Nearly 1 in 5 Maryland voters already have cast ballots as early in-person voting ends and mail-in voting continues ahead of Election Day

Maryland’s eight-day early voting window came to a close with a strong finish Thursday as 88,055 people cast ballots.

In total, 381,972 took advantage of early in-person voting, making their picks before Election Day on Tuesday. That figure rivals early voting turnout in previous years — beating 2014, when eventual Gov. Larry Hogan overtook Anthony Brown for an open gubernatorial seat, and topping 2010, the year early voting began but on a limited basis.


This year again features an open gubernatorial seat. Baltimore Democrat Wes Moore and Frederick County Republican Dan Cox are competing for the office. Voters also are making selections for comptroller, attorney general, Congress, General Assembly and a number of local races.

Turnout thus far looks positive, particularly when the widespread use of mail-in ballots is considered. As of Thursday, 633,276 Marylanders had requested mail-in ballots, which became popular during the pandemic as the state switched to a hybrid election format.


Of the mail-in ballots requested, 344,124 or 54% already have been cast, according to the Maryland State Board of Elections. Combined with early voting turnout, 726,096 Marylanders — about 18% of eligible active voters — had participated in the election as of Thursday.

Total participation rates for the past three gubernatorial elections have ranged from 45% in 2014 to 59% in 2018.

More mail-in ballots are expected to flow into local election board offices in the days ahead. Voters have until 8 p.m. on Election Day to place them in a drop box or have them postmarked. Elections officials across the state prepared for a deluge of mail-in ballots by seeking a court opinion that allowed elections officials to begin counting ballots early. Some counties have taken advantage, particularly areas where mail-in voting is most prevalent.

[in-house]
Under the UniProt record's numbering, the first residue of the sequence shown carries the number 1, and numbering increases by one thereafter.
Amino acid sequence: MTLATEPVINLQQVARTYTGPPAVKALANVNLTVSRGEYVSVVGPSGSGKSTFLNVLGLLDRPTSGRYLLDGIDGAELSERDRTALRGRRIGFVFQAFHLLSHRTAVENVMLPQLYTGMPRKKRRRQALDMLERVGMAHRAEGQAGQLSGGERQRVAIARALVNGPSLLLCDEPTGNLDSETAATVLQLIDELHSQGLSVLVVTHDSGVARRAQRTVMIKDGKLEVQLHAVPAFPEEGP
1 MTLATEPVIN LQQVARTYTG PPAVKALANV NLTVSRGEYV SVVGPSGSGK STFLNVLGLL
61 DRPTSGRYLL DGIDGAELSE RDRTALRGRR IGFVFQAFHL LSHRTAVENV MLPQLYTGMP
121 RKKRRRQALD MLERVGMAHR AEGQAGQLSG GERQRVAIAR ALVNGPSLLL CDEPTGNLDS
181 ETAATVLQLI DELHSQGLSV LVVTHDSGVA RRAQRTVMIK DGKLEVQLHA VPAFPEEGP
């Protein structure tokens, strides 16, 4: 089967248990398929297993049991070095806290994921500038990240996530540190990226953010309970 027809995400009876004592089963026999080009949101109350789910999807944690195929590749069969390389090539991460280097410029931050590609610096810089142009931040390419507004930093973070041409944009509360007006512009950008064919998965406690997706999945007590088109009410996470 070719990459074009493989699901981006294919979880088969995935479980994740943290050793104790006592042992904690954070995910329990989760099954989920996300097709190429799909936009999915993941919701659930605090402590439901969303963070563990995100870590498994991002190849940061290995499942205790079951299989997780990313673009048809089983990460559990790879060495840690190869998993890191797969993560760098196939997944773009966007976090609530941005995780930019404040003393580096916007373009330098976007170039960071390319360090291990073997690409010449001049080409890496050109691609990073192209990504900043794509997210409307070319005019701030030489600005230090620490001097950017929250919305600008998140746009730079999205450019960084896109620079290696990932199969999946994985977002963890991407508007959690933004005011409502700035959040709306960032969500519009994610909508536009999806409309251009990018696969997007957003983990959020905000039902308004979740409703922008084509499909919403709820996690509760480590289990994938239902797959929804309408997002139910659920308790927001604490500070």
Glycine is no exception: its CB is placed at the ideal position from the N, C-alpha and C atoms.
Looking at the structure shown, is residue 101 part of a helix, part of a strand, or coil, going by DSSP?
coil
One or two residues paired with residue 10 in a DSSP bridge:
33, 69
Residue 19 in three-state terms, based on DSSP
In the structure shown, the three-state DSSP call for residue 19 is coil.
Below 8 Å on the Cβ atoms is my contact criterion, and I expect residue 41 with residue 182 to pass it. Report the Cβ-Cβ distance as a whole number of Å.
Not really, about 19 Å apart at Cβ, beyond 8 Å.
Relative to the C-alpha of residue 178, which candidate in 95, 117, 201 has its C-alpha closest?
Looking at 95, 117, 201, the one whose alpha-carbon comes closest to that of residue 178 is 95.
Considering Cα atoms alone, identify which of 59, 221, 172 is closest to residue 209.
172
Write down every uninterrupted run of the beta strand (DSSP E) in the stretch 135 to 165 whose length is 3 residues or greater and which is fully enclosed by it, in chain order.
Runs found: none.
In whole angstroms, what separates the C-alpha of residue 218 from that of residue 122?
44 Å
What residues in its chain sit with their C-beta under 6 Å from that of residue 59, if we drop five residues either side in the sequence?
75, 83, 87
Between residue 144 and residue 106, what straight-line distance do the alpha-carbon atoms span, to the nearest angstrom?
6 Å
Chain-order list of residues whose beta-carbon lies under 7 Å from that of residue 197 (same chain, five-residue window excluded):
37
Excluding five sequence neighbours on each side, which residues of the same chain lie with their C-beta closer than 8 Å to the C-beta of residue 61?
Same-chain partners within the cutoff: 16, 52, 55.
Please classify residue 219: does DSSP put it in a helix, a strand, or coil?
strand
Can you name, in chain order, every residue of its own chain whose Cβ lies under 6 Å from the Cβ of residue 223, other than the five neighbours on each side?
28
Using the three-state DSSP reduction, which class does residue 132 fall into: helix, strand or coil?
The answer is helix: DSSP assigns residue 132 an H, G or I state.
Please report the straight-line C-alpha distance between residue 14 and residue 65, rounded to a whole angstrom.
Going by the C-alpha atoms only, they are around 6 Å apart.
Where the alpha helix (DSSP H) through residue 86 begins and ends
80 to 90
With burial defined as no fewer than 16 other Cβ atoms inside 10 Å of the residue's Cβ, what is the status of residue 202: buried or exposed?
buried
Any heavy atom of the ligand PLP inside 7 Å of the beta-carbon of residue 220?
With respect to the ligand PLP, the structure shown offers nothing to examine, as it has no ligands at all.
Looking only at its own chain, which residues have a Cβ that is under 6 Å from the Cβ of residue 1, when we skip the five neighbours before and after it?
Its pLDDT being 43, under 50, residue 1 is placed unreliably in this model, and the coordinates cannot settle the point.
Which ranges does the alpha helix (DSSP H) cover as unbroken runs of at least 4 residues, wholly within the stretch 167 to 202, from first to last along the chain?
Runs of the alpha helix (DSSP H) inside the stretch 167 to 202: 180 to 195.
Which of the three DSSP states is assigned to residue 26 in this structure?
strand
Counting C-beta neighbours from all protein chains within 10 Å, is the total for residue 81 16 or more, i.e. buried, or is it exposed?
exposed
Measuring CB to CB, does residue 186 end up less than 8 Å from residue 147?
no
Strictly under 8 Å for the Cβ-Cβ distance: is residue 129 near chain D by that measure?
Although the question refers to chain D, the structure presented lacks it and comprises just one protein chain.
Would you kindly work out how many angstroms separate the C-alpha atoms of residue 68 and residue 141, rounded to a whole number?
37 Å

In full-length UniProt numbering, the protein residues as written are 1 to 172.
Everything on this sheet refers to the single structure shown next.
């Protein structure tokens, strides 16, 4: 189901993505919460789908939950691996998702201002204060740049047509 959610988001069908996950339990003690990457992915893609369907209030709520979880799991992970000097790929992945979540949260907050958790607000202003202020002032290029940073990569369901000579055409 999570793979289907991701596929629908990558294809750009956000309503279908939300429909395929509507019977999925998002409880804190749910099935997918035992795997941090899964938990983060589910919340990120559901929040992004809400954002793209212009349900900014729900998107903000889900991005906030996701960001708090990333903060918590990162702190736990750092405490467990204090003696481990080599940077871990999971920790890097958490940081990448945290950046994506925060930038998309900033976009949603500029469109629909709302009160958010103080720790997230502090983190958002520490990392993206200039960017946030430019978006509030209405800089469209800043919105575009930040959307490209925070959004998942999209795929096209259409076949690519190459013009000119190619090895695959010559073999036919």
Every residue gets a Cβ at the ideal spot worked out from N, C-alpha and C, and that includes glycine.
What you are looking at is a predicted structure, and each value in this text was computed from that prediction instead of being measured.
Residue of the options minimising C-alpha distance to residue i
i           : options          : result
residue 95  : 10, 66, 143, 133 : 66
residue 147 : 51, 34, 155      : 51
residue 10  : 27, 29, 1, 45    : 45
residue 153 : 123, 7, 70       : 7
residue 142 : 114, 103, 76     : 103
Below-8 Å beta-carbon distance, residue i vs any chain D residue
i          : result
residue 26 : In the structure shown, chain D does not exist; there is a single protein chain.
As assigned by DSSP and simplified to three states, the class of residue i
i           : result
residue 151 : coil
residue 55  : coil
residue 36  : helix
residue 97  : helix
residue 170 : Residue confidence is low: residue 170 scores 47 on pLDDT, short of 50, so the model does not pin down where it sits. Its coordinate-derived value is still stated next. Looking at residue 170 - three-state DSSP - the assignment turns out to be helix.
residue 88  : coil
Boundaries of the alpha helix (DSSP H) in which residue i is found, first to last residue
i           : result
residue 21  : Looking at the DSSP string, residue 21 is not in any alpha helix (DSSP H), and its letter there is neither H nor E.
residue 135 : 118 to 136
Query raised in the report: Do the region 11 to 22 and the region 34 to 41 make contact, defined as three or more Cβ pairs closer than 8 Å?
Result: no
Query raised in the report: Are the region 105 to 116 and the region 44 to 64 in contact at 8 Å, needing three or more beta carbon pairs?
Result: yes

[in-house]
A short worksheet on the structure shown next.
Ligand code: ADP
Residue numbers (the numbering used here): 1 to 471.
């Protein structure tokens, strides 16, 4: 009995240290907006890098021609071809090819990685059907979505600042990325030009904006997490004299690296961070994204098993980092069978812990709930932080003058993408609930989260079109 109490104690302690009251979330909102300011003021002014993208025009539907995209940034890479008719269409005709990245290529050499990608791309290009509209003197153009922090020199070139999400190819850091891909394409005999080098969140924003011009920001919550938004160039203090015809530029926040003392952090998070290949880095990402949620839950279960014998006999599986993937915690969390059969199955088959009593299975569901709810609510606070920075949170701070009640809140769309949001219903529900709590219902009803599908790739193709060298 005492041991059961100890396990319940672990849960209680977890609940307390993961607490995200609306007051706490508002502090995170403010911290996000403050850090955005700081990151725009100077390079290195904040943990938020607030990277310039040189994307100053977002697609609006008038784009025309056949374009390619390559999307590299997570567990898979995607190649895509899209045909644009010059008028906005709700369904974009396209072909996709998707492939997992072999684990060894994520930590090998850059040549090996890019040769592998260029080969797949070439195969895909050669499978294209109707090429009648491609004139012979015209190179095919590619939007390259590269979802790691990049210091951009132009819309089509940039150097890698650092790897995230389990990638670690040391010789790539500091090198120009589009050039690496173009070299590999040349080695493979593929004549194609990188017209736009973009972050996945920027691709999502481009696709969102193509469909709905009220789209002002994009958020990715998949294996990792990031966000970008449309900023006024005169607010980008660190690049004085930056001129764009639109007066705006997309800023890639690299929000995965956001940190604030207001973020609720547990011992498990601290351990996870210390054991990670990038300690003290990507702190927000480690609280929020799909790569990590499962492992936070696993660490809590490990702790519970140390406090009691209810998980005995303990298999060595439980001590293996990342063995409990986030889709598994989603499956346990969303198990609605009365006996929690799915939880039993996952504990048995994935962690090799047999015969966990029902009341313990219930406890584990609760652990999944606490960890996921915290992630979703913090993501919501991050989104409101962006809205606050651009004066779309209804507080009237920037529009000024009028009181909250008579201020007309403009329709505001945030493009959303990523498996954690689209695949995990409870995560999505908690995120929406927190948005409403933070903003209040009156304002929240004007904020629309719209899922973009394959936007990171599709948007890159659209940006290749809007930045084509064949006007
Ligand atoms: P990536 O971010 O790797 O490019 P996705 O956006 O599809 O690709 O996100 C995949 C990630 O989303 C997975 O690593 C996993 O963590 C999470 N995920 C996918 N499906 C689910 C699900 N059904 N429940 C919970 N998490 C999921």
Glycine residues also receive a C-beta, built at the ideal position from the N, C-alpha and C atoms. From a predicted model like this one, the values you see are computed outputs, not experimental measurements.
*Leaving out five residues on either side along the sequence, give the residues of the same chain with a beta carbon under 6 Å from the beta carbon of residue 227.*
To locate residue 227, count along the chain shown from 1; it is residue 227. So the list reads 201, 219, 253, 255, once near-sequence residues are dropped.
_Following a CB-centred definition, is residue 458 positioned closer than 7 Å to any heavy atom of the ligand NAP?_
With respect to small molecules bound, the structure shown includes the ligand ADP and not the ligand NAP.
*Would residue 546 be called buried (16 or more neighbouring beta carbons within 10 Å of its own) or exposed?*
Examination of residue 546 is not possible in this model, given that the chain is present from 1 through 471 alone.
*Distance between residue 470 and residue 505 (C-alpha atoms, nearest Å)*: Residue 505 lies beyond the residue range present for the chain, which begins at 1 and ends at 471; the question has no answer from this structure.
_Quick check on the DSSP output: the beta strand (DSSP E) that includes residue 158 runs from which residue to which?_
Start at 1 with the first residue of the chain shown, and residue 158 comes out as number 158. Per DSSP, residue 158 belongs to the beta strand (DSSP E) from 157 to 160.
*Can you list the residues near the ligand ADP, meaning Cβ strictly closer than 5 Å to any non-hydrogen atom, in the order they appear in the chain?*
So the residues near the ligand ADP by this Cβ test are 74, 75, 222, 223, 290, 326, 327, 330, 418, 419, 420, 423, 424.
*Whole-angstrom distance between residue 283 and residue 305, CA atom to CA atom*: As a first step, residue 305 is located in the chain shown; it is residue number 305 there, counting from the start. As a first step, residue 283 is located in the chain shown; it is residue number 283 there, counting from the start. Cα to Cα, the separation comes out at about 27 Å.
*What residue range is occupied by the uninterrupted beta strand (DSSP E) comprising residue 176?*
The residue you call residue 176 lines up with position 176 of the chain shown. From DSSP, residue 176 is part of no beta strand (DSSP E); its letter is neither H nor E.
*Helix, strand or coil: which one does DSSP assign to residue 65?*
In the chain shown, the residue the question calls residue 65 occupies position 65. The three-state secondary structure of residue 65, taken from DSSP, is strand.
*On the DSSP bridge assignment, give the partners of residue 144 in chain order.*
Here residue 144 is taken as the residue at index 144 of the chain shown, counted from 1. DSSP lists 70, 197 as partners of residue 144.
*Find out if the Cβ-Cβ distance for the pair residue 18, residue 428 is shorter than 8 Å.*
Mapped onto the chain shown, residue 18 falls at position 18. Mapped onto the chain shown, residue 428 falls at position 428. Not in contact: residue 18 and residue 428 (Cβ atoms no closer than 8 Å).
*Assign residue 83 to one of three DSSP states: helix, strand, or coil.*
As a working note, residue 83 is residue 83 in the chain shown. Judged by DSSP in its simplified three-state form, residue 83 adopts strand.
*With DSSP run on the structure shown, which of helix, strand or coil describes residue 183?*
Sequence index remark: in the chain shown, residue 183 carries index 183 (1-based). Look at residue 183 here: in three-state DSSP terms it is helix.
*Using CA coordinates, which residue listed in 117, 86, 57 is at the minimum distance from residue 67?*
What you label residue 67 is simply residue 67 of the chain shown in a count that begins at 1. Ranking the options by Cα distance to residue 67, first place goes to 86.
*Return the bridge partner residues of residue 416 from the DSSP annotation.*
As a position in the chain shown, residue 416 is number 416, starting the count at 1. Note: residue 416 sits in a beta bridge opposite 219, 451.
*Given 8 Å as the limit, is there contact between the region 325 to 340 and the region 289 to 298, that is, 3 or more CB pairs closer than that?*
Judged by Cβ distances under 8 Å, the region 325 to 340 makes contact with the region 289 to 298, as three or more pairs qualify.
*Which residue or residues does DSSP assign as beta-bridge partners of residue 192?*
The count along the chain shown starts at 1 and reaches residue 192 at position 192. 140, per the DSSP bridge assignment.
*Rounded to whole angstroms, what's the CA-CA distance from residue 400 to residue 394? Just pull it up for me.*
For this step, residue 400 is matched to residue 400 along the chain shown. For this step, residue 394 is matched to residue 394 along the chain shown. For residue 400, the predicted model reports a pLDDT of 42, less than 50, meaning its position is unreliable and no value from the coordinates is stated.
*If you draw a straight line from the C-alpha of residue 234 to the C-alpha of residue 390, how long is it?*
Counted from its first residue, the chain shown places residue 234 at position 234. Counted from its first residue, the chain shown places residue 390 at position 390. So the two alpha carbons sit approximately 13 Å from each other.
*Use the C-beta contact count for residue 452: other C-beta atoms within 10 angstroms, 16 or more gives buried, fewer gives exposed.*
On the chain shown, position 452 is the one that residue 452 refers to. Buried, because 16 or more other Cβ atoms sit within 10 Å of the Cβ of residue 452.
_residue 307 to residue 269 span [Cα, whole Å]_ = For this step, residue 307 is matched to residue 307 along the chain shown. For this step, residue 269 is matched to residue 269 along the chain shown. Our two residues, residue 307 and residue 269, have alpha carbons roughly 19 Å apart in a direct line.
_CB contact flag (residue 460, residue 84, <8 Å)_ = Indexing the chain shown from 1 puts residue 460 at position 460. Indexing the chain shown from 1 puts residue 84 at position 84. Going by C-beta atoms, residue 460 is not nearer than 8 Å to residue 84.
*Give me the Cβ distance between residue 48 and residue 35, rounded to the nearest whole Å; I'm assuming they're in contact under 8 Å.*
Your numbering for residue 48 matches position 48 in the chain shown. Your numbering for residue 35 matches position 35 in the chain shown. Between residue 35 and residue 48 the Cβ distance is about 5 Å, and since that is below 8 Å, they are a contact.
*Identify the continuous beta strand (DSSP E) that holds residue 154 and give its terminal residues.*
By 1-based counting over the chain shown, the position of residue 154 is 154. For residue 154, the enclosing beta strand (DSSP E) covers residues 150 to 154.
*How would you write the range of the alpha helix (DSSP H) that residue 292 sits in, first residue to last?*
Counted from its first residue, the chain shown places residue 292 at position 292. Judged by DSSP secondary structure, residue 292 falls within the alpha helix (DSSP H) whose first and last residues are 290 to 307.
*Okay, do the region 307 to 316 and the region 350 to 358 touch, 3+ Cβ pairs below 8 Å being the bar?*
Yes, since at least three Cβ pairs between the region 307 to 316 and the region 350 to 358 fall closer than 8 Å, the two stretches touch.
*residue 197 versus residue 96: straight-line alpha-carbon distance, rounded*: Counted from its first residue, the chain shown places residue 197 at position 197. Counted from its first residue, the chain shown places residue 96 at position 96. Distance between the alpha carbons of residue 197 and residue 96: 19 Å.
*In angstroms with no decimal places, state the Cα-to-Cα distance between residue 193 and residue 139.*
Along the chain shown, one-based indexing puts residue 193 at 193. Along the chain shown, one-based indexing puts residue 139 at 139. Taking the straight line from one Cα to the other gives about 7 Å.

In past gubernatorial years, return rates for mail-in ballots, then known as absentee ballots, have hovered around 75-80%, however usage was substantially lower pre-pandemic.

How many voters will participate on Election Day itself remains to be seen. John Willis, Maryland’s former secretary of state under Democratic Gov. Parris Glendening, cautioned that voter behavior is harder to predict this year as Marylanders continue to shift their voting preferences.

“We’ve never had an election like this,” Willis said. “The methods of voting, the patterns, are changing rapidly.”

Willis said the numbers show mail-in voting continues to heavily skew Democratic, even slightly more than in 2018. But “don’t get overconfident,” he said of Democrats. Republicans already are turning out more than Democrats in some areas and it’s not clear what the partisan turnout gap will be in-person on Tuesday, he said.

Maryland benefited from good weather during the early voting period this fall — strong storms passed through the area during early voting for the July primary — and elections officials reported few problems with the process.


In Carroll County, election staff stepped up security at three early voting sites toward the end of the early voting window and announced plans to have additional security from the Carroll County Sheriff’s Office and local police on Election Day.

On Tuesday, police were called to the Westminster Senior Center after the vice chairwoman of the Carroll County Republican Central Committee got into a dispute with election judges there. Police escorted her away.

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In Harford County, reports of an increased police presence outside an early voting center in a racially diverse area prompted concerns about voter intimidation. The county sheriff’s office said the officers had congregated because they were voting after a shift, but said the office reemphasized guidelines to officers patrolling voting locations.

David Levine, an elections integrity fellow with the Alliance for Securing Democracy, a nonpartisan initiative within the German Marshall Fund of the United States, said he was pleased to see the early voting turnout so far.

“I’ve been heartened to see Maryland voters vote in the numbers that they have in early voting and am hopeful that they vote in even higher numbers over the next couple of days,” he said.

Levine said early voting both by mail and in person is widely helpful for voters and election administrators alike.


Some campaigns’ attempts at pushing voters to only vote on Election Day — including a campaign aide of Republican attorney general candidate Michael Peroutka, who recently asked supporters to stand in lines around 6 p.m. on Election Day — makes everyone’s jobs harder, Levine said.

“That’s really disconcerting because early voting helps make elections more secure, more accessible and easier to administer,” Levine said.

Polls will open on Election Day at 7 a.m. and will remain open until 8 p.m. Those in line when polls close will be allowed to vote.